http://articles.philly.com/2011-03-20/news/29148147_1_gulen-schools-gulen-followers-charter-schools" target="_blank">A story in the Philadelphia Inquirer says the FBI and other federal agencies are investigating the network of American charter schools linked to Turkish imam http://www.fethullahgulen.org/" target="_blank">Fethullah Gulen.

The investigation is focusing on an alleged system of kickbacks that Turkish workers make to their charter-school employers, and on whether the schools are misusing taxpayer money, the story says. You may recall last year I wrote about the Tucson-based Sonoran Science Academy's http://azstarnet.com/staff/tim-steller/article_dec199db-be3f-5519-be3d-f6ad970db1f8.html" target="_blank">high use of workers from Turkey and its connections to the Gulen Movement.

Here's how Italian investigative reporter Claudio Gatti and Inquirer staff writer Martha Woodall put it in Sunday's paper:

Federal agencies - including the FBI and the Departments of Labor and Education - are investigating whether some charter school employees are kicking back part of their salaries to a Muslim movement founded by Gulen known as Hizmet, or Service, according to knowledgeable sources.

(The investigation) is focused on whether hundreds of Turkish teachers, administrators, and other staffers employed under the H1B visa program are misusing taxpayer money.

The story has appeared at an interesting moment. The New York Times is allegedly investigating the so-called "Gulen Schools" now (http://www.usatoday.com/news/education/2010-08-17-turkishfinal17_CV_N.htm" target="_blank">USA Today did last year). But even as acceptance of these charter schools as affiliated with the Gulen movement is spreading, a counteroffensive is growing on the Internet.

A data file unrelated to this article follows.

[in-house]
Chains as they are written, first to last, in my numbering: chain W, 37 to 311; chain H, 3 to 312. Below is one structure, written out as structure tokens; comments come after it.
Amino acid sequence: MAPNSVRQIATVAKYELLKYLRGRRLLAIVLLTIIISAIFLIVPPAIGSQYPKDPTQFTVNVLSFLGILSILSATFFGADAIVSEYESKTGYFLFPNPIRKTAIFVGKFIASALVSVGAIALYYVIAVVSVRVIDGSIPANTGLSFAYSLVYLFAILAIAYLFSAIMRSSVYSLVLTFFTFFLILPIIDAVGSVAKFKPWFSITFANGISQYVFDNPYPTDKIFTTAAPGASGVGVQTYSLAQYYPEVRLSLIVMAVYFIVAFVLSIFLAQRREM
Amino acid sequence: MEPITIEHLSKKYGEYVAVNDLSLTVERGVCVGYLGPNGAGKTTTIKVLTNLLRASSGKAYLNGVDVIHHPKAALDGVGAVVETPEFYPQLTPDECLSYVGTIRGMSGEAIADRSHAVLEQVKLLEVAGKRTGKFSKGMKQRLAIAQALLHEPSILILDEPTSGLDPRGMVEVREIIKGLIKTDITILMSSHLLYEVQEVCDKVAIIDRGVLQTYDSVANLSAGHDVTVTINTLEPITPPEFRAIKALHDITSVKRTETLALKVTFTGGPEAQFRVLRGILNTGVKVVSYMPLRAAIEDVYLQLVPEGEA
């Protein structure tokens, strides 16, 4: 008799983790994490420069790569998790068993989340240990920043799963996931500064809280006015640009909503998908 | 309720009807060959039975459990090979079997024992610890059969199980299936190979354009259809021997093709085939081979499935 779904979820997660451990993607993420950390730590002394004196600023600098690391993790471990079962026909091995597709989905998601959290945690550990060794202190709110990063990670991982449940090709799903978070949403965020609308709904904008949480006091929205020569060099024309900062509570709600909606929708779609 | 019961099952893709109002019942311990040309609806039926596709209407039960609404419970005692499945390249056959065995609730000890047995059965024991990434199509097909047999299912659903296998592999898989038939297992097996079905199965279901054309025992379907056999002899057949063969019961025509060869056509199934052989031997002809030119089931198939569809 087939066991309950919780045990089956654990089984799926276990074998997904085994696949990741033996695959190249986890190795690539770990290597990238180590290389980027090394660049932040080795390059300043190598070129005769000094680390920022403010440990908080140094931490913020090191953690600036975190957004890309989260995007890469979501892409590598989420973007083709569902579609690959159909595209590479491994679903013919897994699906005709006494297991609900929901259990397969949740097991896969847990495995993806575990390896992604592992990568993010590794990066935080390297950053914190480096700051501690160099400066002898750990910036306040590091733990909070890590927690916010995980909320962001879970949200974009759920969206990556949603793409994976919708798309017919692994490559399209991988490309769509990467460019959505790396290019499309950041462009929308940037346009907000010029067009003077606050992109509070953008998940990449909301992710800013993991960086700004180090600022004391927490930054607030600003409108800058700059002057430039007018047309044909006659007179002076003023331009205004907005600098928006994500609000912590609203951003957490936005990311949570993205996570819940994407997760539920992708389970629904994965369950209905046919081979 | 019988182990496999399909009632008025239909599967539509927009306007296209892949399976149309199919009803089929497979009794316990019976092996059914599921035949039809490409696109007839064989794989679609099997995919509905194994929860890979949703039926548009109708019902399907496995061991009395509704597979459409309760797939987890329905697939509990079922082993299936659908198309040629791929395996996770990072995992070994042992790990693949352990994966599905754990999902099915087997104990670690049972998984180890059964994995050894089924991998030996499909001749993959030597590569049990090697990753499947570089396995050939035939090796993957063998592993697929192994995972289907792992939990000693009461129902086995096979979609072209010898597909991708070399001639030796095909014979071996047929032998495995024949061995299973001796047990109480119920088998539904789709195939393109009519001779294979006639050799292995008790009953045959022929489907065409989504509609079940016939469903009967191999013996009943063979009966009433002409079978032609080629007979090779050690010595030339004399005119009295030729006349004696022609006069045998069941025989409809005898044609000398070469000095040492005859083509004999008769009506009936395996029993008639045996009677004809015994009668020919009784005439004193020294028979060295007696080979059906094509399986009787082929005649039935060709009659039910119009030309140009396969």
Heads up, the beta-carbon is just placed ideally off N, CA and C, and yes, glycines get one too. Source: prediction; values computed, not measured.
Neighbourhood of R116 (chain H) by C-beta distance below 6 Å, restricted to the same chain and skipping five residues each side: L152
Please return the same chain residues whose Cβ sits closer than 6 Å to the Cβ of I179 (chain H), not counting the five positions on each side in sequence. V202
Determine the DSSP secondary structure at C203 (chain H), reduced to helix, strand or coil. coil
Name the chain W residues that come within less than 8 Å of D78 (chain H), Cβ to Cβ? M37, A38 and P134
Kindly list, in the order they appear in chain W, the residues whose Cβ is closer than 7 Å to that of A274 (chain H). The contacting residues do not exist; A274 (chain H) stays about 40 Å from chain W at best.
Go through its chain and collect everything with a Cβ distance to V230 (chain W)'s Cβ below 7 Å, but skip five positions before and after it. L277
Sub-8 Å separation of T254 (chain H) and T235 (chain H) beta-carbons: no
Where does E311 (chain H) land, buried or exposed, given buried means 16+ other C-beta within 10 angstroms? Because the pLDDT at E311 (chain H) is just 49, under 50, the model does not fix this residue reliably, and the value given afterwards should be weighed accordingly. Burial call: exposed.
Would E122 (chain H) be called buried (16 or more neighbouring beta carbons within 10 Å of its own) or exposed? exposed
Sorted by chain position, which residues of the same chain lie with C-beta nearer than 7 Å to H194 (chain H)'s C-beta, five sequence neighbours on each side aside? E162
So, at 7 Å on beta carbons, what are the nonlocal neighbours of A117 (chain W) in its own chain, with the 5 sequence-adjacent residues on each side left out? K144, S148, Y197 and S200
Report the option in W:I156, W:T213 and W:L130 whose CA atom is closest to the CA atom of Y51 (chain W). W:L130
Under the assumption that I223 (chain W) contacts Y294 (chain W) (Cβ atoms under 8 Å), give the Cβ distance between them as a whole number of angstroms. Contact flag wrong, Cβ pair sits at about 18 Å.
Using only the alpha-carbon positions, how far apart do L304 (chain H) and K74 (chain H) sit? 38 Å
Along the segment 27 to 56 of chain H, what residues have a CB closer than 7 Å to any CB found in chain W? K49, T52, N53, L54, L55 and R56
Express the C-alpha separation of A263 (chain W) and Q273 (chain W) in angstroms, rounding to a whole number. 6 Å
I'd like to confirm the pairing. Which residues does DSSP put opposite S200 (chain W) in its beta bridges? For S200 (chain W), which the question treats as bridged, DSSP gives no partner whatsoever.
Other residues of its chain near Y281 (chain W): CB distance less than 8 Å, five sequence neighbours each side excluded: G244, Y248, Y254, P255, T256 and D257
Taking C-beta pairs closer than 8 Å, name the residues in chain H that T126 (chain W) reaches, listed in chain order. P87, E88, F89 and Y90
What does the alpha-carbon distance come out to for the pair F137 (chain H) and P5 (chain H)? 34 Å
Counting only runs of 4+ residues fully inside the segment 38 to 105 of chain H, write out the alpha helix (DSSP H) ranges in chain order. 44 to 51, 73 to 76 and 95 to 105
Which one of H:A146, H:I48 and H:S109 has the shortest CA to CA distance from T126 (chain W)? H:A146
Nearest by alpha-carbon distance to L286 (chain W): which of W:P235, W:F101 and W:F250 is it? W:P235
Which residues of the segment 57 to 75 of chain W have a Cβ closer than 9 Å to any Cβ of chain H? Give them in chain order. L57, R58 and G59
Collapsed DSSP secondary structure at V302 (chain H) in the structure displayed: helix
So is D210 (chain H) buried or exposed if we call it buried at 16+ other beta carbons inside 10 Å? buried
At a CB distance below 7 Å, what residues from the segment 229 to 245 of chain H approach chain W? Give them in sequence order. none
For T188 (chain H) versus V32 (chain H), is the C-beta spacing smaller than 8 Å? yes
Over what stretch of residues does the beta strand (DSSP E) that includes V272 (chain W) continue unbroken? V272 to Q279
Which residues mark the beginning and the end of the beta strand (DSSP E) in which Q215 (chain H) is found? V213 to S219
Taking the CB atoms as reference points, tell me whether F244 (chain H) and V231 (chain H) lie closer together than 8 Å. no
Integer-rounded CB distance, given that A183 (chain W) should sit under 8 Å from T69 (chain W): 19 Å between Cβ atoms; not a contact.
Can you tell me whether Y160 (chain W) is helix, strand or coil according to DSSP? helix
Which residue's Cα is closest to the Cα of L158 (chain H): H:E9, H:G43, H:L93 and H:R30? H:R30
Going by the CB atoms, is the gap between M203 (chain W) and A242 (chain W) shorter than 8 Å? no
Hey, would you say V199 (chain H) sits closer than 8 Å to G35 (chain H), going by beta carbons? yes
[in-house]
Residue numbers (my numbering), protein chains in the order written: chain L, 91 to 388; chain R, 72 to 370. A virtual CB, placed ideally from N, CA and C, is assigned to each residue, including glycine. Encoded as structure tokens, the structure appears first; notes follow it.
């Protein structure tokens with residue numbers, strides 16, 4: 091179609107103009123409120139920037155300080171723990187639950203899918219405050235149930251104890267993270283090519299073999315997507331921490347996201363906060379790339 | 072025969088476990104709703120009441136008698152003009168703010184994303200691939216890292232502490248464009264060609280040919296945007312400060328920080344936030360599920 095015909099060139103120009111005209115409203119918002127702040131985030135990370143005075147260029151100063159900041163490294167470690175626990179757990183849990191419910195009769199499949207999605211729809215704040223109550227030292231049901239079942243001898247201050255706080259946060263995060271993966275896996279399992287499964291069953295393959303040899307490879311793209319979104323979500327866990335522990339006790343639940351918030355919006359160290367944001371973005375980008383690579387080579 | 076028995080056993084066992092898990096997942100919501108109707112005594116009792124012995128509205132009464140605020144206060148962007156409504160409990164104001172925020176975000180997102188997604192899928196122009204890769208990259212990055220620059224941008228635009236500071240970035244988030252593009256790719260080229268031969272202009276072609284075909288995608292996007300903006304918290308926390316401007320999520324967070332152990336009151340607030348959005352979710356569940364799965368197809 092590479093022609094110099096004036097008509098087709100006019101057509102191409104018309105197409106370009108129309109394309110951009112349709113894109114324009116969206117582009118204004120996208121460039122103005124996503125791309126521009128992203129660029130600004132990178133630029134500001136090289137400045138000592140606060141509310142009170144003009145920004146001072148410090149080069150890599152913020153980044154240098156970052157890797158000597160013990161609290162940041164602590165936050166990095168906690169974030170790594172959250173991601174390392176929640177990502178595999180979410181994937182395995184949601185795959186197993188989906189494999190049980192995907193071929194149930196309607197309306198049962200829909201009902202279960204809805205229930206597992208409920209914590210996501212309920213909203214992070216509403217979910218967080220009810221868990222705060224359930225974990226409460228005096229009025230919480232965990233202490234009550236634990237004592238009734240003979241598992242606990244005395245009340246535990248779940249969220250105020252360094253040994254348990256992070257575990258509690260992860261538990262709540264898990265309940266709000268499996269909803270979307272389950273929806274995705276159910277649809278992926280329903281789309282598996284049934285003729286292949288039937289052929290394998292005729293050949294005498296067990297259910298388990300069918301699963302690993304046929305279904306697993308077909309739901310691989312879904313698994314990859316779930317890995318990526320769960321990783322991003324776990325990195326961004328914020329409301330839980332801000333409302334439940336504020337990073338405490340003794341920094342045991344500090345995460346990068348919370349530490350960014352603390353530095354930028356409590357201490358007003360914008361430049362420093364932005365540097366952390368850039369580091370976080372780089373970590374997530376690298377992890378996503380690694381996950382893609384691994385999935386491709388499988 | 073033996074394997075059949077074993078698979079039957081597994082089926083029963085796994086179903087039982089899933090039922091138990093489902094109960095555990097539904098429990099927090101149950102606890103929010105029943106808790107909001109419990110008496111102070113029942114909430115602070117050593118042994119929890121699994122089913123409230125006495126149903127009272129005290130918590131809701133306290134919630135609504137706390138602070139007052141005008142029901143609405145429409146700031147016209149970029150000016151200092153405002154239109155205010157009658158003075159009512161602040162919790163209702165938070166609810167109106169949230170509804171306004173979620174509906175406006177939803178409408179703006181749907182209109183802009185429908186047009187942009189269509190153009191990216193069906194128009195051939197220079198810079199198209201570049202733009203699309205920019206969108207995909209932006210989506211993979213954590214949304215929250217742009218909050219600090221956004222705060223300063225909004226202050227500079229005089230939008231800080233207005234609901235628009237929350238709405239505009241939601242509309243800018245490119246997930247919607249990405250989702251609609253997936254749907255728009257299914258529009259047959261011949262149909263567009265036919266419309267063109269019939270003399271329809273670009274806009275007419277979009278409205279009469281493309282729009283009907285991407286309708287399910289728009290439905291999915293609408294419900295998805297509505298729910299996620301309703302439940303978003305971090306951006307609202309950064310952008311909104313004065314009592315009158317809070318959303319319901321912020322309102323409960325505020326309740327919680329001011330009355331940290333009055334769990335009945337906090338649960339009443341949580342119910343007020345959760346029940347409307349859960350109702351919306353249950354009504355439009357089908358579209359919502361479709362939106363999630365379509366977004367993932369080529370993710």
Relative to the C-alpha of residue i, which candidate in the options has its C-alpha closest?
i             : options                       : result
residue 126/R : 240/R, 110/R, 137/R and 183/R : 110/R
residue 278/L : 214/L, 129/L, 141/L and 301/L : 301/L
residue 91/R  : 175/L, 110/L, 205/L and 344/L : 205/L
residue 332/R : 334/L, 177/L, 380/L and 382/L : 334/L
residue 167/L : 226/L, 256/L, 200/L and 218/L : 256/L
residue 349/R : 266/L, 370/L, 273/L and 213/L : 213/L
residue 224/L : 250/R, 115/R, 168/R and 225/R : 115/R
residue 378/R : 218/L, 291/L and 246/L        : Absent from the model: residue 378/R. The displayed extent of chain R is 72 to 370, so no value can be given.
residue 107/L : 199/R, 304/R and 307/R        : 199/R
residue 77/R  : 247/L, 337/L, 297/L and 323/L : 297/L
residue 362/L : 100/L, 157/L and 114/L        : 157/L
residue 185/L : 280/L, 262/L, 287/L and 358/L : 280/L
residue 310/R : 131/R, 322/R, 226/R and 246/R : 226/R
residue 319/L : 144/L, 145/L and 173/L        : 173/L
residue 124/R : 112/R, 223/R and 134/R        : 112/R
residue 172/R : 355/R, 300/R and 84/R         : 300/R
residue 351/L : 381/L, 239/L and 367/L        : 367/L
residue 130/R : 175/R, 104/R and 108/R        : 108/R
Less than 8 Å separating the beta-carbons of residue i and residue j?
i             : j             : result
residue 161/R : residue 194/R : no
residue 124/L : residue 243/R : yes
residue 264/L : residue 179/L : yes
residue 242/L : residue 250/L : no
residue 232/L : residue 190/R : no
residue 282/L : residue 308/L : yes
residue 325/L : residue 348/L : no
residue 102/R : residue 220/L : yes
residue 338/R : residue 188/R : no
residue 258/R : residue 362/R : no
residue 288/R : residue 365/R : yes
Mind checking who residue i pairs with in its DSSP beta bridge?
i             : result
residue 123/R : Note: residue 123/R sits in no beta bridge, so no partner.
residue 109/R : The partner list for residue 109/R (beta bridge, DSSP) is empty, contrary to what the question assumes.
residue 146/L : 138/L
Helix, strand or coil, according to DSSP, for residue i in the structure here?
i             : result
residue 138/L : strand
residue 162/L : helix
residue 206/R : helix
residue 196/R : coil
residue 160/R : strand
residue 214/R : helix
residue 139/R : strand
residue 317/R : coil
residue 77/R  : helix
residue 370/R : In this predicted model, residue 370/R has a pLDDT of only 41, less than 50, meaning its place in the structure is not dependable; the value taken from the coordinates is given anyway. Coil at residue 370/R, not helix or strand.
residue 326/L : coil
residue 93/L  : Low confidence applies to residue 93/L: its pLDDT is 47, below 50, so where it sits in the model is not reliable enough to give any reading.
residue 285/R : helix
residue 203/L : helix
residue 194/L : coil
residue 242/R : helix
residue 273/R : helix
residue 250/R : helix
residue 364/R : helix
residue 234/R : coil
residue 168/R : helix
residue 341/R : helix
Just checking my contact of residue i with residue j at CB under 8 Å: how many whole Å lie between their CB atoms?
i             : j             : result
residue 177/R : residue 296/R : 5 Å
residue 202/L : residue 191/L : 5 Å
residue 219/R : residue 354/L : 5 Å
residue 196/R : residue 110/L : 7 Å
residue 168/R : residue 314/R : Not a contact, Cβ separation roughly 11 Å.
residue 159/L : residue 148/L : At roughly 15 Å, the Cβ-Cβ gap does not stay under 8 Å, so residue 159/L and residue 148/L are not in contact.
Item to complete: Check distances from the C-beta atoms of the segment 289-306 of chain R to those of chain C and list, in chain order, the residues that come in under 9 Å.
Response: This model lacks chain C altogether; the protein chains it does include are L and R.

An unnamed writer started http://goosenetwork.tumblr.com/" target="_blank">a website called "Goose Network," which describes itself as "deciphering vicious bloggers calling them Fethullah Gulen Charter Schools." This site takes aim at some of the more extreme critics of the Gulen-inspired charter schools who have described the movement as militant or terroristic.

Another site, about the "imaginary schools of Fethullah Gulen," has a similar aim -- undercutting the idea that the schools are linked to the Gulen movement. These sites tend to be written by unnamed people.

The funny thing is, these sites have emerged at the same time many people sympathetic to the movement have acknowledged that the schools are at least "inspired" by Gulen, if not outright affiliated with the movement's hierarchy. http://gulenschools.org/" target="_blank">This site, for example, is clearly supportive of the Gulen movement and refers to the schools as "Gulen inspired."

A sympathetic American scholar, http://blogs.chron.com/talkingtolerance/" target="_blank">Jill Carroll, has http://blogs.chron.com/talkingtolerance/2008/05/im_saying_something_nice_about.html" target="_blank">repeatedly http://azstarnet.com/staff/tim-steller/article_dec199db-be3f-5519-be3d-f6ad970db1f8.html" target="_blank">acknowledged that the American charter schools are affiliated with the international Gulen school movement. And sociologist Joshua Hendrick http://azstarnet.com/news/blogs/senor-reporter/article_78c5b71e-0e01-11e0-9e51-001cc4c03286.html" target="_blank">suggested at a recent conference that Turkish-run charter school officials should stop denying the undeniable connections to the Gulen movement.

A counter-offensive by Gulen-movement supporters appears under way in Turkey as well. There, http://www.nytimes.com/2011/03/04/world/europe/04turkey.html" target="_blank">the government has arrested at least seven journalists, some of whom raised concerns about infiltration by Gulenists in the country's security services.

While being led away, one journalist said of the Gulen movement "Whoever touches it gets burned."